söndag 1 januari 2017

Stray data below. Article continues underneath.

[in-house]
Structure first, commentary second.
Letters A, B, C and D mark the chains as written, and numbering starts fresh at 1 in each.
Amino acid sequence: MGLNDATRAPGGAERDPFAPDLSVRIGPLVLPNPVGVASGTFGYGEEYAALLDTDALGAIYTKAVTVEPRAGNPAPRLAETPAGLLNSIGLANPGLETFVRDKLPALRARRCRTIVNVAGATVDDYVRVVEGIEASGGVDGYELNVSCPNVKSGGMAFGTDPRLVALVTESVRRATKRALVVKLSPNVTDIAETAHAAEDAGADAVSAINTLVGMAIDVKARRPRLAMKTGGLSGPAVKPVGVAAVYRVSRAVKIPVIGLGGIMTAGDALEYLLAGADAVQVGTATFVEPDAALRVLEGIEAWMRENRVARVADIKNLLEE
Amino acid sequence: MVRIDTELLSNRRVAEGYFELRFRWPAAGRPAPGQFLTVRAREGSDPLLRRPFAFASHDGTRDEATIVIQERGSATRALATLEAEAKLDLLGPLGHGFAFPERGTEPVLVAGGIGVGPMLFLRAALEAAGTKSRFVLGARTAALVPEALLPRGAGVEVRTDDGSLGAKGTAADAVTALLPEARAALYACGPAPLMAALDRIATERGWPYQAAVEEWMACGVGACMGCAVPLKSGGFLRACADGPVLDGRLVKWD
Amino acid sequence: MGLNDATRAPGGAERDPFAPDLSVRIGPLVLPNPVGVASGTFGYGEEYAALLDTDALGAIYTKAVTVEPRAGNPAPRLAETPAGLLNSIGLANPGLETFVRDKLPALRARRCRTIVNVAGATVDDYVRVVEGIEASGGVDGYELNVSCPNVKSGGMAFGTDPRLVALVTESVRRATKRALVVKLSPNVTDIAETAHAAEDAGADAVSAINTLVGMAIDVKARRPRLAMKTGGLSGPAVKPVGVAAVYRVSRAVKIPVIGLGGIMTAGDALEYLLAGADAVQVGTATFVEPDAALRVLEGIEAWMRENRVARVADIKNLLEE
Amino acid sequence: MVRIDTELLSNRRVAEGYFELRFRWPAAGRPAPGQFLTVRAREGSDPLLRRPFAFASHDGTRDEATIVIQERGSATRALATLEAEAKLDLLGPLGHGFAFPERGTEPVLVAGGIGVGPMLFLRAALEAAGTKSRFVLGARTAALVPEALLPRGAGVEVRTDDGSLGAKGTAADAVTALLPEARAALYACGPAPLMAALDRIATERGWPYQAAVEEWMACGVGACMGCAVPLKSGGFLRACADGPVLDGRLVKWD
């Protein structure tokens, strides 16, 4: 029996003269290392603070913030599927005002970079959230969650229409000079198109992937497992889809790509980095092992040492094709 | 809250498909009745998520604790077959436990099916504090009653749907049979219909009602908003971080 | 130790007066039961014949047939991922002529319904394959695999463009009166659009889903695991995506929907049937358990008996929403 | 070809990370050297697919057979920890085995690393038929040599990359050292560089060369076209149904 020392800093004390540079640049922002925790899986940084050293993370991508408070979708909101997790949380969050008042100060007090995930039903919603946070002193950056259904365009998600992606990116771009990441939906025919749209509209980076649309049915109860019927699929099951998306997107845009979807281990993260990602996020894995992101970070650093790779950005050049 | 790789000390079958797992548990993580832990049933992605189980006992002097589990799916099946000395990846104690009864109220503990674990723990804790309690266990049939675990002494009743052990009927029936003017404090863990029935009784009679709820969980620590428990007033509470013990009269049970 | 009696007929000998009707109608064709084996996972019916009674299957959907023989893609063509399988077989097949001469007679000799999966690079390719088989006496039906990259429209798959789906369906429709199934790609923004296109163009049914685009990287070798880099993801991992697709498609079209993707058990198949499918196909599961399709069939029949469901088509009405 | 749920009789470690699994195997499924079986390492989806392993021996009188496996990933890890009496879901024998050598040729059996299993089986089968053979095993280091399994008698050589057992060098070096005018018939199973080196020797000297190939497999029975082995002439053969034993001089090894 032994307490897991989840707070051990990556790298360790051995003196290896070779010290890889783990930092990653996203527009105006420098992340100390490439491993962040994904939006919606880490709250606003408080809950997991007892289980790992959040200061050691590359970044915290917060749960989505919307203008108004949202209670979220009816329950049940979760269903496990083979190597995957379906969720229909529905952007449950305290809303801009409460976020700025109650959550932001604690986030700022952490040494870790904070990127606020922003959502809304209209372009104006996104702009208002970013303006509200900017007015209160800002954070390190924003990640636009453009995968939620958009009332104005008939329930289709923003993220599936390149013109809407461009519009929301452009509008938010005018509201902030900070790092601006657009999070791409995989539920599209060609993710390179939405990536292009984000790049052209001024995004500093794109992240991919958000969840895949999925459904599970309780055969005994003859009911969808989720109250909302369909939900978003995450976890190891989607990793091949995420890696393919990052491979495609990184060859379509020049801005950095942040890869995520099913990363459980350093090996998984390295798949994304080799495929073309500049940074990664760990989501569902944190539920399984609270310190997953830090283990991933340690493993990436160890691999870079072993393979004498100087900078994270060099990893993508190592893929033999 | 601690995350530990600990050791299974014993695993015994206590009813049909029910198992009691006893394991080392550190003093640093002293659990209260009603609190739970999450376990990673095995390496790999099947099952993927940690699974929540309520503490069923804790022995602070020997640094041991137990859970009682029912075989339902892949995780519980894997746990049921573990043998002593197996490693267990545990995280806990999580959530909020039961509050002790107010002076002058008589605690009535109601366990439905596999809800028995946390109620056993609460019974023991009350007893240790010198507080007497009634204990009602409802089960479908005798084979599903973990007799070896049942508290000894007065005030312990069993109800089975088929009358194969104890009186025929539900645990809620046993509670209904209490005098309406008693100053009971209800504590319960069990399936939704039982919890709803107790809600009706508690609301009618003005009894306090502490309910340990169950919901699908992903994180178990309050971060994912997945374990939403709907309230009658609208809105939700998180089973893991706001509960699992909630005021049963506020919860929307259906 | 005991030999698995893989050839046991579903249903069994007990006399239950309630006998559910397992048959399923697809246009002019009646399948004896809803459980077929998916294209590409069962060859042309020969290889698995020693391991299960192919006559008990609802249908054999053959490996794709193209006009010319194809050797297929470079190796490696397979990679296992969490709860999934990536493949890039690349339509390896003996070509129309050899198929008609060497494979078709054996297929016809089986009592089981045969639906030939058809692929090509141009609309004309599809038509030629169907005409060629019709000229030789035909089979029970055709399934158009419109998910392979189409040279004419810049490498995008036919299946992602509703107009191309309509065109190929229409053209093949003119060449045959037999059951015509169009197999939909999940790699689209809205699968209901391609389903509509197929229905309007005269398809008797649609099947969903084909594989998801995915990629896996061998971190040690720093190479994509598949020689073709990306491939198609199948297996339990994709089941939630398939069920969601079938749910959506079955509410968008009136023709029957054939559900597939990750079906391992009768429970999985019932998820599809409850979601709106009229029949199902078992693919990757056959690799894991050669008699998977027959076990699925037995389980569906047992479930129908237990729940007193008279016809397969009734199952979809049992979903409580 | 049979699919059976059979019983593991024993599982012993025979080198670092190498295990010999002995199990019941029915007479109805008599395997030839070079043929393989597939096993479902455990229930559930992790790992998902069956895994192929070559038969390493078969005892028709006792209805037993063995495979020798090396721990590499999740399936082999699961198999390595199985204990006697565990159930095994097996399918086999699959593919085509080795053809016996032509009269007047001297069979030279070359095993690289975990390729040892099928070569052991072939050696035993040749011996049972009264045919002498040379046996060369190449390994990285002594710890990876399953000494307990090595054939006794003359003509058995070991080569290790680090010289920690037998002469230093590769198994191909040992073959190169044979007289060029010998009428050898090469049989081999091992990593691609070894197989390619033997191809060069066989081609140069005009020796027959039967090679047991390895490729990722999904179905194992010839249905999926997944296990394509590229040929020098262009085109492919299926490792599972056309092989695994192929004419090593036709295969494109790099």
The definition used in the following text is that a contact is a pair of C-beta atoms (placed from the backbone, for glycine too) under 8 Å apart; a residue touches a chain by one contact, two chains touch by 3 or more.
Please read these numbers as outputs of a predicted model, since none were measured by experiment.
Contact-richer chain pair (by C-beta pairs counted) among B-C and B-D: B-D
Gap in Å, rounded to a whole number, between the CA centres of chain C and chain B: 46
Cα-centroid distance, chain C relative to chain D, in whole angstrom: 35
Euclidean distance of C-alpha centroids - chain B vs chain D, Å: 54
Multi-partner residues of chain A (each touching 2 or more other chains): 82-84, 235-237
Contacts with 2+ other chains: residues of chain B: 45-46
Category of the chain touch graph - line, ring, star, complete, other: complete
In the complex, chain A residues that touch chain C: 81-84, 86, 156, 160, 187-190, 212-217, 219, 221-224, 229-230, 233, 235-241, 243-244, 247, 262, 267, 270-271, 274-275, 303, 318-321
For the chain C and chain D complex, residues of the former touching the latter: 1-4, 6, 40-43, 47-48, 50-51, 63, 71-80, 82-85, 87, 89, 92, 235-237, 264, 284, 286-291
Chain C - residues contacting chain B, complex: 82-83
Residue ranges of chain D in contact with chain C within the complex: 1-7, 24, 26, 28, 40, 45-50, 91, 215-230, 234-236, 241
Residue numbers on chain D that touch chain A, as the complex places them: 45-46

Checking the reveiws for this one-off album in various places on the net I see a wide range of opinions - from "one of the best psych albums ever" to "very bad...avoid!" I understand why regular pop fans diss it - at first listen it's complicated and unpredictable, combining an array of rock styles where of many still were in cradle 1969. Just scratching the surface it may be interpreted as a blend of hard rock, psych, prog, baroque and symphonic, topped with lyrics having a cross-cutting catholic theme. Rumour has it was first planned by producers Simon Napier-Bell and Ray Singer as a much larger rock opera set-up with the trio - Tony Newman, Mike Newman and Max Simms - here credited as "Plus", only a hand picked backing band. If so, why they changed direction and decided to release it as a group effort I don't know. Anyway if you skip the theme, forget about the "sin stations" and just get down to it as a prematurely spiced period psych album it may improve before your very ears. There's certainly nothing wrong with the songs. A mix of uptempo and slower pop going from harsh fuzz driven to catchy melodic. Musically reminding of Beacon Street Union or Electric Prunes while the atmosphere is more towards Black Widow or Sabbath. Favorite tracks - "Daddy's Thing", "Open Up Your Eyes", "Gemegemera" and "Maybe You're The Same". Not totally accepted by genre collectors yet and therefore much cheaper than you'd expect considering substance and rarity. Surprising, but good for all us music lovers without unlimited founds. Originally issued also in UK (Probe SBP 1009), France (Stateside 2C 062-91602) and Peru (same as US). 1999 CD on Free Records (FR 9903). Early US came with two different label designs - one glossy, one matt - not sure which was first. Showing the glossy here. It's on thick vinyl hosted in a slightly structured, die-cut fold/out cover. (YZÄ*) (RÖKÖ*)

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